Consider the birth of sex offender registry laws, at least how we know them today. Do you think that the laws were written in the 1950s or 60s? Do you think that the people who wrote them did it as a social realization, or in response to a specific case? And do you think that if these laws were put in place due to a specific case that it would be a "normal" (if there is such a thing) sex crime?
Four people were taken into custody after West Virginia police issued search warrants at multiple locations on Nov. 6. The arrests were the result of two police departments collaborating over a month-long investigation. The Ceredo Drug Unit and other authorities issued two warrants to three locations. Police also issued two summons to people unnamed on the warrants as well. The search and seizure operation was described as a huge success. Police expect to file more charges as a result.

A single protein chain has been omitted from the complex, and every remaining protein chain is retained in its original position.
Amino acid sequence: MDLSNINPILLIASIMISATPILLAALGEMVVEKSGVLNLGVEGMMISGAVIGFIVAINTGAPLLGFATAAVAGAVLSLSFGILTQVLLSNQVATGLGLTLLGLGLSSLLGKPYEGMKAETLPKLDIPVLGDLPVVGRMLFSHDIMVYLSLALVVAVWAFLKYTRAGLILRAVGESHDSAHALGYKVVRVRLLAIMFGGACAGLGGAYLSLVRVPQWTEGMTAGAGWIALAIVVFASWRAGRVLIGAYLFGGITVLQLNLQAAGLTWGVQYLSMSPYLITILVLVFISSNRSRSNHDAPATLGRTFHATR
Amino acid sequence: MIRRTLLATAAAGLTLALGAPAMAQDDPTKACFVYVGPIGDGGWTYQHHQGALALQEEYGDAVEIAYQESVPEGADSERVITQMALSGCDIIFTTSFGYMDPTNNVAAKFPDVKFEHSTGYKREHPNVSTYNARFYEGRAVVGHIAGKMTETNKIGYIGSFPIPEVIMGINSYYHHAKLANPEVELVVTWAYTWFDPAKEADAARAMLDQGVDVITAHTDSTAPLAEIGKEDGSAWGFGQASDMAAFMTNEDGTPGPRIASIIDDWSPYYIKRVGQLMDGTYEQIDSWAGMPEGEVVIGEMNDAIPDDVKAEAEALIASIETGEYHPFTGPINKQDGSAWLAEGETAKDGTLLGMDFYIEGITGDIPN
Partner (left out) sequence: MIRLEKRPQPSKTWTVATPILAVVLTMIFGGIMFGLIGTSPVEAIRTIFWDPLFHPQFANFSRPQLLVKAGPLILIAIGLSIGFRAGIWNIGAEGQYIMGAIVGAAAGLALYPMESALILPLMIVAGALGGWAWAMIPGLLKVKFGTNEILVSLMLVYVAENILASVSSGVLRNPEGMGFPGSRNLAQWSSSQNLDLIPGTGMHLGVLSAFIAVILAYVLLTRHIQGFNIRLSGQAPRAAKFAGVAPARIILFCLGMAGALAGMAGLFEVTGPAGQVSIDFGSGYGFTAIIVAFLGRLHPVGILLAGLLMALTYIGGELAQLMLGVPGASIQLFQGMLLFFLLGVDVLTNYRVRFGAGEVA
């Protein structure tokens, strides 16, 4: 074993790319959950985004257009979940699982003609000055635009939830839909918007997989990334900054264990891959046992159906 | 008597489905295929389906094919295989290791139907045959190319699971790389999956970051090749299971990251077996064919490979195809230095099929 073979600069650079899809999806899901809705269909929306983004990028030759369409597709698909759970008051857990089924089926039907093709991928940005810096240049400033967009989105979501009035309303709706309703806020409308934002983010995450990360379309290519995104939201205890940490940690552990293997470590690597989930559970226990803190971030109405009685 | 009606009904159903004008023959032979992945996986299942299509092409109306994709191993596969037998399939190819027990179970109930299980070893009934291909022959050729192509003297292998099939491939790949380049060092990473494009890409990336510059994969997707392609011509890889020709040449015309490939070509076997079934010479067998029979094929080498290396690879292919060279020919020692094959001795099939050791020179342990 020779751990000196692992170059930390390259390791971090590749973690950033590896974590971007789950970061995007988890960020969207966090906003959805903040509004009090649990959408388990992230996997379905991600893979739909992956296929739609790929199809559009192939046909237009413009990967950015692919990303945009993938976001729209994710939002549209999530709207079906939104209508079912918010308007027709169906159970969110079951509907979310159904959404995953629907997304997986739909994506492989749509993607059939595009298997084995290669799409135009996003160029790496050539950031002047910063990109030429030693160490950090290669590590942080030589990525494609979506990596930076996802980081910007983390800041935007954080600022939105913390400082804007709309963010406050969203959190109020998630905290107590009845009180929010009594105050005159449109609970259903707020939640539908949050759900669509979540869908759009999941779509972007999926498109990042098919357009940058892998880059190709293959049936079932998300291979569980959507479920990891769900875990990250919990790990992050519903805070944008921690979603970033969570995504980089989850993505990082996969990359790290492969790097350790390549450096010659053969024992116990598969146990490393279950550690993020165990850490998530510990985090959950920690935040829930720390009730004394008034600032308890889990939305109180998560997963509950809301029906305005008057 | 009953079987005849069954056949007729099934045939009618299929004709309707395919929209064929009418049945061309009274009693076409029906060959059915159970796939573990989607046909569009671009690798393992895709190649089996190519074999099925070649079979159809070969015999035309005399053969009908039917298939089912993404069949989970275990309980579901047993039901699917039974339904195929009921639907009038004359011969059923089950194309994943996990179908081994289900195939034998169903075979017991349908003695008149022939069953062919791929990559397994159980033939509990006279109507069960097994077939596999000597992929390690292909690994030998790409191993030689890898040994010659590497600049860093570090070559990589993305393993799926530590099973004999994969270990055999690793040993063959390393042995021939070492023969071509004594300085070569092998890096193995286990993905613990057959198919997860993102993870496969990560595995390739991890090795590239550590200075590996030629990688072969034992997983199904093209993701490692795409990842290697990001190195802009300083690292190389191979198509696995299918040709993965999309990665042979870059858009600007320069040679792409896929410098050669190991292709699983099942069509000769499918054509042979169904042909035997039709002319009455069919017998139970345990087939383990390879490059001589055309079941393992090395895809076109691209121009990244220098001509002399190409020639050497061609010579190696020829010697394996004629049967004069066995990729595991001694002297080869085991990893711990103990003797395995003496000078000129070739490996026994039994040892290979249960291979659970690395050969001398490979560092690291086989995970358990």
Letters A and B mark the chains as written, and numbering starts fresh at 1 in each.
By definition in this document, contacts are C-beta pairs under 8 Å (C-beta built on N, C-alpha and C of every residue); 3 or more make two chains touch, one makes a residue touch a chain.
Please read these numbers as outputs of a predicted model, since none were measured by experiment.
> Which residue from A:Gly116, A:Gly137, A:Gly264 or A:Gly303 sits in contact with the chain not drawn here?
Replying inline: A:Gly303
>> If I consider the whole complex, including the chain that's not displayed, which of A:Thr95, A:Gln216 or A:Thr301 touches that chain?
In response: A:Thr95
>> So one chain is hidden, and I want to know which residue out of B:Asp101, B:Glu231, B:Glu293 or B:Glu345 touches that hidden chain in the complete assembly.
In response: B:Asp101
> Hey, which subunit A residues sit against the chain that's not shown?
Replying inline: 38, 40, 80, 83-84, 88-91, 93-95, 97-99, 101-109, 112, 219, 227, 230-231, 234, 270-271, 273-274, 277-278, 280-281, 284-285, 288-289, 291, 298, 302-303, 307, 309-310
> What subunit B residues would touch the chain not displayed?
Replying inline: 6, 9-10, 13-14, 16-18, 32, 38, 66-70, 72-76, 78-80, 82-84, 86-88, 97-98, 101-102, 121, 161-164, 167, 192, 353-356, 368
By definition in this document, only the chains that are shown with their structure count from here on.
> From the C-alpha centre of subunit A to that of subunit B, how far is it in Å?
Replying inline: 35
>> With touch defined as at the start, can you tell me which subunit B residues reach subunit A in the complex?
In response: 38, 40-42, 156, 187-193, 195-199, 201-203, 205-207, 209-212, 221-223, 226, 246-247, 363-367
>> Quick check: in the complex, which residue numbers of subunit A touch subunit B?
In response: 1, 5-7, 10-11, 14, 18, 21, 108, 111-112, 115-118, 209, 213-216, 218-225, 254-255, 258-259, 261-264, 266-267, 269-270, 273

If you're not intimately familiar with the criminal justice system, it might surprise you to learn that parole is often denied to people who continue to insist upon their innocence. One of the issues commonly considered in parole hearings is whether the person has developed a sense of remorse over the crime for which they were convicted. If you're not remorseful, you may be denied parole. This is often called the "parole paradox."
This week it was reported that the DUI trial involving Olympic gold medalist Michael Phelps has been pushed back until mid-December. Phelps was arrested and charged with his second drunk driving arrest on September 30 after allegedly driving 84 mph in a 45 mph zone.
Criminal cases in West Virginia do not always go to trial, and many cases are resolved when both sides agree on a plea bargain. Plea bargaining refers to the negotiation process used when either side proposes a potential resolution to a case.